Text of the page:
• diarrhoea – if you’re using docusate for mild constipation and get diarrhoea, stop taking docusate. Your bowels will usually return to normal in a few days. Drink plenty of water or other fluids to prevent dehydration and stop the constipation returning. If your doctor has prescribed docusate for severe or long-term constipation and you get diarrhoea, ask them for advice about what to do. Do not take any other medicines to treat diarrhoea without speaking to a pharmacist or doctor.
  • stomach cramps – if you get stomach cramps, reduce your dose of docusate until this goes away.

7. Pregnancy and breastfeeding

If you're pregnant or breastfeeding, you can try to treat constipation without taking a medicine. This involves eating more fibre and drinking plenty of fluids. It may also help to do gentle exercise.

If diet and lifestyle changes do not work, your doctor or midwife may recommend a laxative, such as lactulose or Fybogel. These laxatives are quite often used during pregnancy and while breastfeeding.

Docusate in pregnancy

Docusate is occasionally used in pregnancy and there is no evidence to suggest it will harm your baby. However, other types of laxative are usually tried first, because there is more information to say that they are safe.

Docusate and breastfeeding

If your doctor or midwife recommends docusate, instead of lactulose or Fybogel, it’s usually ok to use this medicine while breastfeeding. The amounts of docusate found in breast milk are probably very small and are unlikely to affect your baby.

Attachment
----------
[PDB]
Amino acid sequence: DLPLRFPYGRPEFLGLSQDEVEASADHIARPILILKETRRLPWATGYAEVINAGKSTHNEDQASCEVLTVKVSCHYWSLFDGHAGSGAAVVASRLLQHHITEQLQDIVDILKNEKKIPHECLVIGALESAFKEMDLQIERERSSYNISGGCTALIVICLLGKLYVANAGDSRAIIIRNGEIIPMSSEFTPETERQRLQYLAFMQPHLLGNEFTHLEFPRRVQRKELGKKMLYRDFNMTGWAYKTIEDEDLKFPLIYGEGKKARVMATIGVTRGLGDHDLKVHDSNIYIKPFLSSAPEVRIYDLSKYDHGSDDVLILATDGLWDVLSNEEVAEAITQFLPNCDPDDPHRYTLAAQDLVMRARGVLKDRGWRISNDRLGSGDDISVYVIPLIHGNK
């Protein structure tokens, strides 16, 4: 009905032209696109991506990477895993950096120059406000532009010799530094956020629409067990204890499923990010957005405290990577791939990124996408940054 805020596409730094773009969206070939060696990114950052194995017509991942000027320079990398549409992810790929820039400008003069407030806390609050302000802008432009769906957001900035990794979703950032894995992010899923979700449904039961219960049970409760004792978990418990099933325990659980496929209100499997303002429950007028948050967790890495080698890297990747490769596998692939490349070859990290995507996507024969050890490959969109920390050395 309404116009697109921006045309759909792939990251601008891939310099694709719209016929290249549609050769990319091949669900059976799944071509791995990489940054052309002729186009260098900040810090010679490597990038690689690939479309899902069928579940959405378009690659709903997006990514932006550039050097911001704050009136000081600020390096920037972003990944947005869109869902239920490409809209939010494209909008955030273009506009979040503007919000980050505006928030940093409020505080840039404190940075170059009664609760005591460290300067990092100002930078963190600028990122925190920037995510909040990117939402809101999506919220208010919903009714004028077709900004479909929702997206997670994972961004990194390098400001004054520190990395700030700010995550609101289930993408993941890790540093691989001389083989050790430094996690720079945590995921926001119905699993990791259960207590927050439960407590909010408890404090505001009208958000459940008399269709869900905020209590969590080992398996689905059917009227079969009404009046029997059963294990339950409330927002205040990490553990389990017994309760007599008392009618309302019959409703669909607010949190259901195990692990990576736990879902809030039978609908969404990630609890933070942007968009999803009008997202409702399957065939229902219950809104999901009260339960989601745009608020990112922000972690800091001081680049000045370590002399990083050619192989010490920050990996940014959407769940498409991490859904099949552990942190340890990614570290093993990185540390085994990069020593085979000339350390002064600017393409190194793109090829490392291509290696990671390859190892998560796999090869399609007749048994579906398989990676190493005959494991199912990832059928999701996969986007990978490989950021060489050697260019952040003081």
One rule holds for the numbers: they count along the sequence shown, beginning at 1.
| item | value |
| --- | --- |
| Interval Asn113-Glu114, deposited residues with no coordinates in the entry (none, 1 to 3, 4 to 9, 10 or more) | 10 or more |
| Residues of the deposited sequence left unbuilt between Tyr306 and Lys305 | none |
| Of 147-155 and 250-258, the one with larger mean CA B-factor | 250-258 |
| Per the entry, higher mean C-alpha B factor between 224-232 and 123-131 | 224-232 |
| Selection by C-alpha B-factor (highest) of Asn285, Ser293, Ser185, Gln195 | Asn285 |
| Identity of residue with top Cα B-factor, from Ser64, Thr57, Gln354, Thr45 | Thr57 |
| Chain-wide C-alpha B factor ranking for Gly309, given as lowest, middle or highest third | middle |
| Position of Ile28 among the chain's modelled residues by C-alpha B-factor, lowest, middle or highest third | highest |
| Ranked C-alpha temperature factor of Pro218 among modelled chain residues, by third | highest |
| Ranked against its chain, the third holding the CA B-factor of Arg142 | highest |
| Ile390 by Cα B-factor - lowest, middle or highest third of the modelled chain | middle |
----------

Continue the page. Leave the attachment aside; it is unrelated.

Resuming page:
If you notice that your baby is not feeding as well as usual, or if you have any other concerns about your baby, talk to your health visitor, midwife or doctor as soon as possible.

Non-urgent advice: Tell your doctor if you're:

  • trying to get pregnant
  • pregnant
  • breastfeeding

For more information about how laxatives can affect you and your baby, read this leaflet about treating constipation on the Best Use of Medicines in Pregnancy (BUMPs) website.

8. Cautions with other medicines

Do not take docusate with a mineral oil laxative such as liquid paraffin.

Mixing docusate with herbal remedies and supplements

There's very little information about taking herbal remedies and supplements with docusate.

Important: Medicine safety

Tell your doctor or pharmacist if you're taking any other medicines, including herbal medicines, vitamins or supplements.

9. Common questions about docusate

How does docusate work?

Docusate helps to soften your poo by increasing the amount of water in it. This makes it easier for you to go to the toilet.

Docusate also stimulates the muscles that line your gut, helping poo to move poo along your bowel to your anus.

When will I feel better?

Docusate capsules and liquid normally take 1 or 2 days to work. The enema usually works after 5 to 20 minutes, so it's best to stay close to a toilet.

Talk to your doctor or pharmacist if you are still constipated after a week.

How long willI take docusate for?